Journal Article

Positive selection drives population differentiation in the skeletal genes in modern humans

Dong-Dong Wu and Ya-Ping Zhang

in Human Molecular Genetics

Volume 19, issue 12, pages 2341-2346
Published in print June 2010 | ISSN: 0964-6906
Published online March 2010 | e-ISSN: 1460-2083 | DOI:
Positive selection drives population differentiation in the skeletal genes in modern humans

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During the course of evolution, the human skeletal system has evolved rapidly leading to an incredible array of phenotypic diversity, including variations in height and bone mineral density. However, the genetic basis of this phenotypic diversity and the relatively rapid tempo of evolution have remained largely undocumented. Here, we discover that skeletal genes exhibit a significantly greater level of population differentiation among humans compared with other genes in the genome. The pattern is exceptionally evident at amino acid-altering sites within these genes. Divergence is greater between Africans and both Europeans and East Asians. In contrast, relatively weak differentiation is observed between Europeans and East Asians. SNPs with higher levels of differentiation have correspondingly higher derived allele frequencies in Europeans and East Asians. Thus, it appears that positive selection has operated on skeletal genes in the non-African populations and this may have been initiated with the human colonization of Eurasia. In conclusion, we provide genetic evidence supporting the rapid evolution of the human skeletal system and the associated diversity of phenotypes.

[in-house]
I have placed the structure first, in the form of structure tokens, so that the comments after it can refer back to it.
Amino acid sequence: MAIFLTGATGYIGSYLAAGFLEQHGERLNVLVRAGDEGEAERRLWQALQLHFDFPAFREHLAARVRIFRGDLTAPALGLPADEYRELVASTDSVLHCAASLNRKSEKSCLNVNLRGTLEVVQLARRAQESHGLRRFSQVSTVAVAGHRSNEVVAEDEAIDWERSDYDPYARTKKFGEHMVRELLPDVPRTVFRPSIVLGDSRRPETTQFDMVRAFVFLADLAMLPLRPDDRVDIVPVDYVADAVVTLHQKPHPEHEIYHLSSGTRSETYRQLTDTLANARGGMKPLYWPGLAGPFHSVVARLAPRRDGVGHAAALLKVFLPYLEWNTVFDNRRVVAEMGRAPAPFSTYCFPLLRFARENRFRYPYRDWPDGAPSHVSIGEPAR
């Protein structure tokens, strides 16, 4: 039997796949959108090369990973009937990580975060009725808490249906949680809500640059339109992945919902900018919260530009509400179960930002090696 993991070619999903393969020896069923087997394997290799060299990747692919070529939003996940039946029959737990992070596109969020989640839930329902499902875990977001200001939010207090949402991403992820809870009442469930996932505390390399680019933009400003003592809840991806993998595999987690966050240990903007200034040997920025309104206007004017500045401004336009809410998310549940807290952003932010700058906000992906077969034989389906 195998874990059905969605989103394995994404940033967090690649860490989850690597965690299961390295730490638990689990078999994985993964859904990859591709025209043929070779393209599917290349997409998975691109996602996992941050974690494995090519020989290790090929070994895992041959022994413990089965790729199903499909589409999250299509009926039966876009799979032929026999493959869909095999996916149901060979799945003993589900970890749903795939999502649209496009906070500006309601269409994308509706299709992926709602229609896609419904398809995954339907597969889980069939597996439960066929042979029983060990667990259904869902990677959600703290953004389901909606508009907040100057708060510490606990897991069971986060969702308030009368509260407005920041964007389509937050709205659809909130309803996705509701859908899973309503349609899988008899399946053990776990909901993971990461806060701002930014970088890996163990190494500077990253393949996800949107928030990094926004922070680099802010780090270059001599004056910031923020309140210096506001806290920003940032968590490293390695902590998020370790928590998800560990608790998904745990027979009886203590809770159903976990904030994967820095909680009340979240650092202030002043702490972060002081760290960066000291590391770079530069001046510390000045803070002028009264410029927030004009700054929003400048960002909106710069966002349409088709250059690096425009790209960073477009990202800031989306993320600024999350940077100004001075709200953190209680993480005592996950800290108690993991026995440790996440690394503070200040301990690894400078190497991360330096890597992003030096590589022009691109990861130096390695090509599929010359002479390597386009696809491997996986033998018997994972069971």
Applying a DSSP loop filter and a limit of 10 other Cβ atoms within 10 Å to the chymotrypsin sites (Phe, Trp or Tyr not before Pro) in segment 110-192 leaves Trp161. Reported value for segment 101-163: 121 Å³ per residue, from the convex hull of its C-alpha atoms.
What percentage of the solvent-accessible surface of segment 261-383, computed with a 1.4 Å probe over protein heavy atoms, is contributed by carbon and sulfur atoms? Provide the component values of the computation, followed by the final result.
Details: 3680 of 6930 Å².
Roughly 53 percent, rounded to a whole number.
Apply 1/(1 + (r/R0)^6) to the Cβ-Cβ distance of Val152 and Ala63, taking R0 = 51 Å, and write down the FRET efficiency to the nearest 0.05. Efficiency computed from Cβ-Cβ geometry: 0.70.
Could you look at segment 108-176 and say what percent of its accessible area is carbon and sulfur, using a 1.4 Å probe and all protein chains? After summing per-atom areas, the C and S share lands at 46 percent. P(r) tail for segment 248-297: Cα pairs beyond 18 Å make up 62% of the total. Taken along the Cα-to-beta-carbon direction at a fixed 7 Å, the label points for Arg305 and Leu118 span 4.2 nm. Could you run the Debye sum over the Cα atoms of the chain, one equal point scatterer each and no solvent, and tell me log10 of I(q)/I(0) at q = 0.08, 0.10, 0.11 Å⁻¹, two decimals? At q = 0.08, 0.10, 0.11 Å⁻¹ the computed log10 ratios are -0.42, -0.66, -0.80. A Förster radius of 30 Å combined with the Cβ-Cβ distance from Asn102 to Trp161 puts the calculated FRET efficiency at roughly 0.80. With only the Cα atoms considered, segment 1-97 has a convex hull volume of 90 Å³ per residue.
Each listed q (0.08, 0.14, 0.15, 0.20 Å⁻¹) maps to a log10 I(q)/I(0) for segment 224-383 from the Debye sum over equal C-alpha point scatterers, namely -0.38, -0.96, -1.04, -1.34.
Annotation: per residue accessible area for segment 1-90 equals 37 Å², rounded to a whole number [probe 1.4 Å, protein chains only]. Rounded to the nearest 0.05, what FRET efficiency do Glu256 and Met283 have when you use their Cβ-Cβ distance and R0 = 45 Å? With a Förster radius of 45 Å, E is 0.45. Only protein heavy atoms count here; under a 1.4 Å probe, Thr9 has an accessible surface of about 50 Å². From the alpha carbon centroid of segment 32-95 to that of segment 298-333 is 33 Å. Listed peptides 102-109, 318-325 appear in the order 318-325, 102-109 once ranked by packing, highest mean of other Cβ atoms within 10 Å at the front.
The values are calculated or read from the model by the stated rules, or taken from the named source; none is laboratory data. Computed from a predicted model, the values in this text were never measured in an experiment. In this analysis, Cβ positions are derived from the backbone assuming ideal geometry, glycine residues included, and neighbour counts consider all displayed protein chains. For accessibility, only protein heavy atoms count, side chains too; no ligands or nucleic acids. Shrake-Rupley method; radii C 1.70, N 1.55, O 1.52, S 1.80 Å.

Journal Article.  3265 words.  Illustrated.

Subjects: Genetics and Genomics

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